Brain Anderson: We'll get to some of the policy recommendations you make in your City Journal article shortly, but I'd like to just drill down a little bit more on some of these trends. One of the others I think you've mentioned in the book and in this article is a rise in litigation and patent suits, things like that. I guess this would characterize companies that are very idea centric. If your idea can be stolen in a spillover, you're going to be suing people. Is that basically it?
Stian Westlake: That's absolutely right and one way to think about this is rights over physical property, right? So the tangible assets act kind of as old as human written law itself. The oldest human law codes include the ownership of physical assets, but the idea of what it means to own an idea or a brand are much more recent that kind of you see the first laws and these kinds of things in around 17th, 18th century. I guess what that means is our social norms, the understanding on which laws are based for owning ideas is much less firm, which means that there is a lot more to be gained from as you say, litigating over a patent, having a dispute over whether your partner drivers in your ride hailing app are your employees or not and therefore what rights and obligations you have towards them. These things are much more contested.
Brain Anderson: Wouldn't also give rise to an incentive to be lobbying for political power?
Stian Westlake: It absolutely increases the returns to lobbying for political power and indeed increases the material returns to people who have that power and can use it effectively in lobbying. So if you are a kind of Washington insider, a Westminster insider, or a Brussels insider, the commercial benefits to that increase as intangibles become more important in the economy.
Brain Anderson: Now why is it good that we're investing so much in intangibles? So though as you note that investment has slowed somewhat post financial crisis, but maybe address both of those things. Why is it a good thing that we are shifting to an intangible economy and what has slowed the rate of investment?
Stian Westlake: I think it's a good thing for two reasons. The first is almost is that it's just a function of society getting richer once as we get richer, as we satisfy our material needs, our needs for emotional fulfillment, for display, for intellectual concepts, and for entertainment grow.
So this is just an inevitable characteristic of society fulfilling more of its material needs and that is something we should all be happy about. The other thing is if we're concerned about how we make use of resources, if we're concerned about the environment, then being able to achieve economic growth without continually using up more of our material resources is net-net a good thing?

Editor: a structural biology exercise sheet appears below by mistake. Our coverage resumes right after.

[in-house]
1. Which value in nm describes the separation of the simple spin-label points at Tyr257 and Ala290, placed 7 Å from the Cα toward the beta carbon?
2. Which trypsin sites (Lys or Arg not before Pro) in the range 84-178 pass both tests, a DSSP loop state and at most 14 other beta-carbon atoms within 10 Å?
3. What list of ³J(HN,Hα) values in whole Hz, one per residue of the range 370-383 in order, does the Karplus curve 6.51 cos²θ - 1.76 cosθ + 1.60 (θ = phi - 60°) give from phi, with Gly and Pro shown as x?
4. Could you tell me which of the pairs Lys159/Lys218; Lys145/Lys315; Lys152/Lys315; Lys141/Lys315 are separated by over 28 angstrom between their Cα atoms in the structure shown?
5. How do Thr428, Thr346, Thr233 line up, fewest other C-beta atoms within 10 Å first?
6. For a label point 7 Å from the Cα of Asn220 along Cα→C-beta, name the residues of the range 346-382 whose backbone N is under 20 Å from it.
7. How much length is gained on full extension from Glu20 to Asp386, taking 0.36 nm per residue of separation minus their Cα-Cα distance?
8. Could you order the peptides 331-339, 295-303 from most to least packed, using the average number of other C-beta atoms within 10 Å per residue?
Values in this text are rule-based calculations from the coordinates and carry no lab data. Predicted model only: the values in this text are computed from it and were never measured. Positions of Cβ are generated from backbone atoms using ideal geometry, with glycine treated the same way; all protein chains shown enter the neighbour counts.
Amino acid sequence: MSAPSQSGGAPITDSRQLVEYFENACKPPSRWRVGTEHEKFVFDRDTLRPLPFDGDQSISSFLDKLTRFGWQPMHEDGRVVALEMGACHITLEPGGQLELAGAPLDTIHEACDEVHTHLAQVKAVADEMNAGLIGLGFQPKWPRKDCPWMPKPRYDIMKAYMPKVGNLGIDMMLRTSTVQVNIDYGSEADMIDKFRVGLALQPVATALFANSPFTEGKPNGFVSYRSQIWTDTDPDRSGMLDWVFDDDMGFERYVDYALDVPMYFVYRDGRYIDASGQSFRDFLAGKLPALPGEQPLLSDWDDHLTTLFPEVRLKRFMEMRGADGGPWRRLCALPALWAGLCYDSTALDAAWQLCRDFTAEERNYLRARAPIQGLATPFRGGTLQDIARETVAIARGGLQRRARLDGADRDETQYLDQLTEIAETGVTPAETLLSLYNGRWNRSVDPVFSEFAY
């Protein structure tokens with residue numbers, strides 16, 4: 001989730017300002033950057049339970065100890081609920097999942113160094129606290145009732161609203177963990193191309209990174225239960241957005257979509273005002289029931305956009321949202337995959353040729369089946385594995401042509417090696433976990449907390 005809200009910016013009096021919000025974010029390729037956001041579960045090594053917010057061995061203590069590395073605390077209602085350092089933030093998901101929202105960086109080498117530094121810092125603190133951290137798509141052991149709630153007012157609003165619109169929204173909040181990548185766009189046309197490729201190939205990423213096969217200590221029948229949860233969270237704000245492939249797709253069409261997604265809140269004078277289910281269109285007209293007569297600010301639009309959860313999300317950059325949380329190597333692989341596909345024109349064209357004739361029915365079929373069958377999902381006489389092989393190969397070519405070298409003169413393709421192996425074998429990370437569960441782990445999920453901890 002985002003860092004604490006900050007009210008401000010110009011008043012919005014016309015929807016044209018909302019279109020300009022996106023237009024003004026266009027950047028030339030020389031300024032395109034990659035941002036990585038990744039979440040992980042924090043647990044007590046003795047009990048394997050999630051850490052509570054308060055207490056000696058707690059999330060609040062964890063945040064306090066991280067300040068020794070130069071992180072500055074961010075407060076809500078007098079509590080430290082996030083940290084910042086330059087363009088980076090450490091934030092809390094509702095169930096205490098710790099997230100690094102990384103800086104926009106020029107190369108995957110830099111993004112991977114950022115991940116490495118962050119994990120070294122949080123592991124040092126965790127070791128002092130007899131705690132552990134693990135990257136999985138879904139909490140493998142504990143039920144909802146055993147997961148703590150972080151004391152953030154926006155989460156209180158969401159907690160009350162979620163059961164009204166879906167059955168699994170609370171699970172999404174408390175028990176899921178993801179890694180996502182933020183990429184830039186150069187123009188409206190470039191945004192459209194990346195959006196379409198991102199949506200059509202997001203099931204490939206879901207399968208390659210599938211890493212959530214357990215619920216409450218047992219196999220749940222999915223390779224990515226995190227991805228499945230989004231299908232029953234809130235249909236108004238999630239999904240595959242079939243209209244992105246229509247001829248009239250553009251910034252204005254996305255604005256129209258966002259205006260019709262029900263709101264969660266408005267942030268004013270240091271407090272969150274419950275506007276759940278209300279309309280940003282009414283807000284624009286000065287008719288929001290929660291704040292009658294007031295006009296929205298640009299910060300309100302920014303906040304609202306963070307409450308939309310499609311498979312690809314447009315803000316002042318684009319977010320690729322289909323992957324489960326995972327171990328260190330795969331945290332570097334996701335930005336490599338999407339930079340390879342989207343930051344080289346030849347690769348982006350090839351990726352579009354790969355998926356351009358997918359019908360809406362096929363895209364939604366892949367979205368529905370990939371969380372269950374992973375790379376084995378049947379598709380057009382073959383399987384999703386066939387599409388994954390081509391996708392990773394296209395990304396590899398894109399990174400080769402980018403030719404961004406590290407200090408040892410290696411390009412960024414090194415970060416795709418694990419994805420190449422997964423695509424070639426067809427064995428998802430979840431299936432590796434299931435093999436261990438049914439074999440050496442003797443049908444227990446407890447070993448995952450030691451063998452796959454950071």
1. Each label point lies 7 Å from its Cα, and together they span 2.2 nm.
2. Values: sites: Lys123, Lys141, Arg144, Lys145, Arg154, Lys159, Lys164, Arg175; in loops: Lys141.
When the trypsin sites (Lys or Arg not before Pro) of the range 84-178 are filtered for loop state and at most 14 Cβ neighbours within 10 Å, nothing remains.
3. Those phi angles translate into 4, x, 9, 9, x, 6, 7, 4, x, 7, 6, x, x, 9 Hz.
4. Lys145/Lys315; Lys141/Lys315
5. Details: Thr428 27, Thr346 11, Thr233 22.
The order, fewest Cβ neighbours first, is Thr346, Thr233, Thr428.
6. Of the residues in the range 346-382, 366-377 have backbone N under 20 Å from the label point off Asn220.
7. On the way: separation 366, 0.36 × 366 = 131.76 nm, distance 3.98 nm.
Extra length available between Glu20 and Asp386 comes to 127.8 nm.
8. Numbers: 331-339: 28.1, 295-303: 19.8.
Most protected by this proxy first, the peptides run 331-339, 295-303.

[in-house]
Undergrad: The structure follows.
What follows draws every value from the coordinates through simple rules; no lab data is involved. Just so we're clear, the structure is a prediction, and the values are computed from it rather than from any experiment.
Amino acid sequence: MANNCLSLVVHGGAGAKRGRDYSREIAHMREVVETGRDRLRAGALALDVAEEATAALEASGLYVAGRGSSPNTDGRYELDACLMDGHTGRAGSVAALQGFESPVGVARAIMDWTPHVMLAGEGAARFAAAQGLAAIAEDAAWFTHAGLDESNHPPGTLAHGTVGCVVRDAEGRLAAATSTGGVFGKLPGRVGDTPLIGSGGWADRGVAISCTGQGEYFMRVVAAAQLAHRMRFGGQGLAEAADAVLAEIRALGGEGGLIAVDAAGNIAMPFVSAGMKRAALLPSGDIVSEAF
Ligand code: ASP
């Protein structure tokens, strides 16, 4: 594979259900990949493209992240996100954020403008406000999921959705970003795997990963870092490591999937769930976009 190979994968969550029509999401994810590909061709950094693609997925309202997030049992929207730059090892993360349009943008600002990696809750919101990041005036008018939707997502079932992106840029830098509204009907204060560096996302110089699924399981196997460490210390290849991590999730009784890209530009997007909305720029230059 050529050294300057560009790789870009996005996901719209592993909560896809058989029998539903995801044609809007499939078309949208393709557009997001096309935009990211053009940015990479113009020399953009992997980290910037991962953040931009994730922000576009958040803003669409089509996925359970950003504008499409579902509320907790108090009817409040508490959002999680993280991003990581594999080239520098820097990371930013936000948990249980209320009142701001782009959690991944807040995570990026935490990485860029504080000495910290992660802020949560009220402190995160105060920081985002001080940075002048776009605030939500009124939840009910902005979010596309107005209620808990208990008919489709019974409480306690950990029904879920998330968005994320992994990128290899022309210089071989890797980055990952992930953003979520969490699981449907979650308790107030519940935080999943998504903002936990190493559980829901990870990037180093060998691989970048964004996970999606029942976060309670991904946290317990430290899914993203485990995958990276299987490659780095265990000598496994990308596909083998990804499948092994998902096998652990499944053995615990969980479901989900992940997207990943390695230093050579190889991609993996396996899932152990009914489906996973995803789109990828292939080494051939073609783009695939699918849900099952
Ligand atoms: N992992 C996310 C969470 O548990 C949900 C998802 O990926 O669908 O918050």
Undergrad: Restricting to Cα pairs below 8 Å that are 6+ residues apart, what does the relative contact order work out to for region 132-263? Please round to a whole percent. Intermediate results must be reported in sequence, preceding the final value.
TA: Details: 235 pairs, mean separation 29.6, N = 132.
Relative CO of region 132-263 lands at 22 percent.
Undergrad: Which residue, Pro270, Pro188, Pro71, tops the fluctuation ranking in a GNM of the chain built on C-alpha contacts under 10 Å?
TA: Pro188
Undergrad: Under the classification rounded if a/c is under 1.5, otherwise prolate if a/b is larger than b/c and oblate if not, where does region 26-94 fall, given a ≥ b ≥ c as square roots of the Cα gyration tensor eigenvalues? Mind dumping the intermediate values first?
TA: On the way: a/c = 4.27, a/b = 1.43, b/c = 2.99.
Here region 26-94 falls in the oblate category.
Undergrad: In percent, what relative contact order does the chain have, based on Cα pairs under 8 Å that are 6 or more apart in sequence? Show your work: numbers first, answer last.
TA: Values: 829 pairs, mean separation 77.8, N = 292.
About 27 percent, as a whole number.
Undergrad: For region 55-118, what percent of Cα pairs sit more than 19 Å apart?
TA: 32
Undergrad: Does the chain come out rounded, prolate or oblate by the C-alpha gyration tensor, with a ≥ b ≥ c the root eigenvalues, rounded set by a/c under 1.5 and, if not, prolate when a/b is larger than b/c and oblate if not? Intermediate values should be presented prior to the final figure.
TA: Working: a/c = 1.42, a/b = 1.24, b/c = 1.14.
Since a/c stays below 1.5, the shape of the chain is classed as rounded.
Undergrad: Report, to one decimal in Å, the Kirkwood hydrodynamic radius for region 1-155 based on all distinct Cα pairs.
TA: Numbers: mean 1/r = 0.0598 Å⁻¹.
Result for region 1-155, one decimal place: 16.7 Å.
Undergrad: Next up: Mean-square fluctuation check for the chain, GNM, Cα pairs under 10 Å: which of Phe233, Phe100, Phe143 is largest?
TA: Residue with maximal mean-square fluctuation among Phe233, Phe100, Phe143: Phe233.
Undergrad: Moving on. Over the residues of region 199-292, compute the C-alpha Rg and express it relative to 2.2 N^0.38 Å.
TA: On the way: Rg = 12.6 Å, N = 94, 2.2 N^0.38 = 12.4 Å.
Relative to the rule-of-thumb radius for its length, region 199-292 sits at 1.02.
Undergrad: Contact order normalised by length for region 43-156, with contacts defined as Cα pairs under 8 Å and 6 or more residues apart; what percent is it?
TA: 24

Brain Anderson: How does this affect productivity? There has to be a dimension to it there, right? We have had a pretty bad record in terms of productivity growth since the financial crisis.
Stian Westlake: That's absolutely right and we think there are kind of two really interesting links between the rise of the intangible economy and the slowing down of productivity growth. The first is that since roughly the time of the financial crisis, we've noticed something really interesting, which is that the rate of investment, the rate of growth and investment tangibles, which has been steadily growing since 1945 or earlier has started to slow.
Jonathan Haskel and I are working on understanding what the reasons for this are, but it might be that a lot of our institutions are financial and as you said, our legal institutions are not geared towards the further deployment of this economy. One of the things you would expect to see if intangibles are slowing because there's spillovers is you expect to see a slow down particularly in total factor productivity. That part of productivity which measures innovation and is captured by spillovers and that's precisely what we have seen in the productivity crisis that we face in the U.S. or the UK or other countries. So we think that's the smoking gun that intangibles play a big role in this.
Brain Anderson: Now your City Journal essay extends the argument of your book into a more explicitly policy driven agenda. You have a number of very interesting suggestions. One of them is addressing a problem with the intangible economy in that you tend to get these kind of clusters where you have a lot of productive people in successful cities, but there are also areas that are not so successful cutoff from this kind of productive explosion, agglomeration as Ed Glazer, the urban economist, calls it. Could you talk a little bit about what we should do or how we should think about sort of less successful cities and more successful ones?
Stian Westlake: Sure. Let's start first of all with the more successful cities and then we can move onto the less successful ones afterwards. One of the ironies of the intangible economy is that one particular type of tangible asset becomes all the more important and that is kind of prime urban real estate because as you say, because of the spillovers, because of the synergies, because these intangibles are good when you mix them together, places where people meet and exchange ideas are going to do better and better.
The challenge as Ed Glaeser and people like Enrico Moretti have observed is that contributes to an escalation of real estate prices, rising rents in these places which causes two things. It causes a slow down of investment in intangibles because people can't afford to live in San Francisco and Manhattan and it also stops the benefits spilling over from your kind of elite knowledge workers to the people in non elite technical jobs that previously would have gained from the salary uplift. So this is a big problem and obviously the simple answer that everyone, and no doubt most of your listeners would immediately describe is, you've got to make it easier to build housing.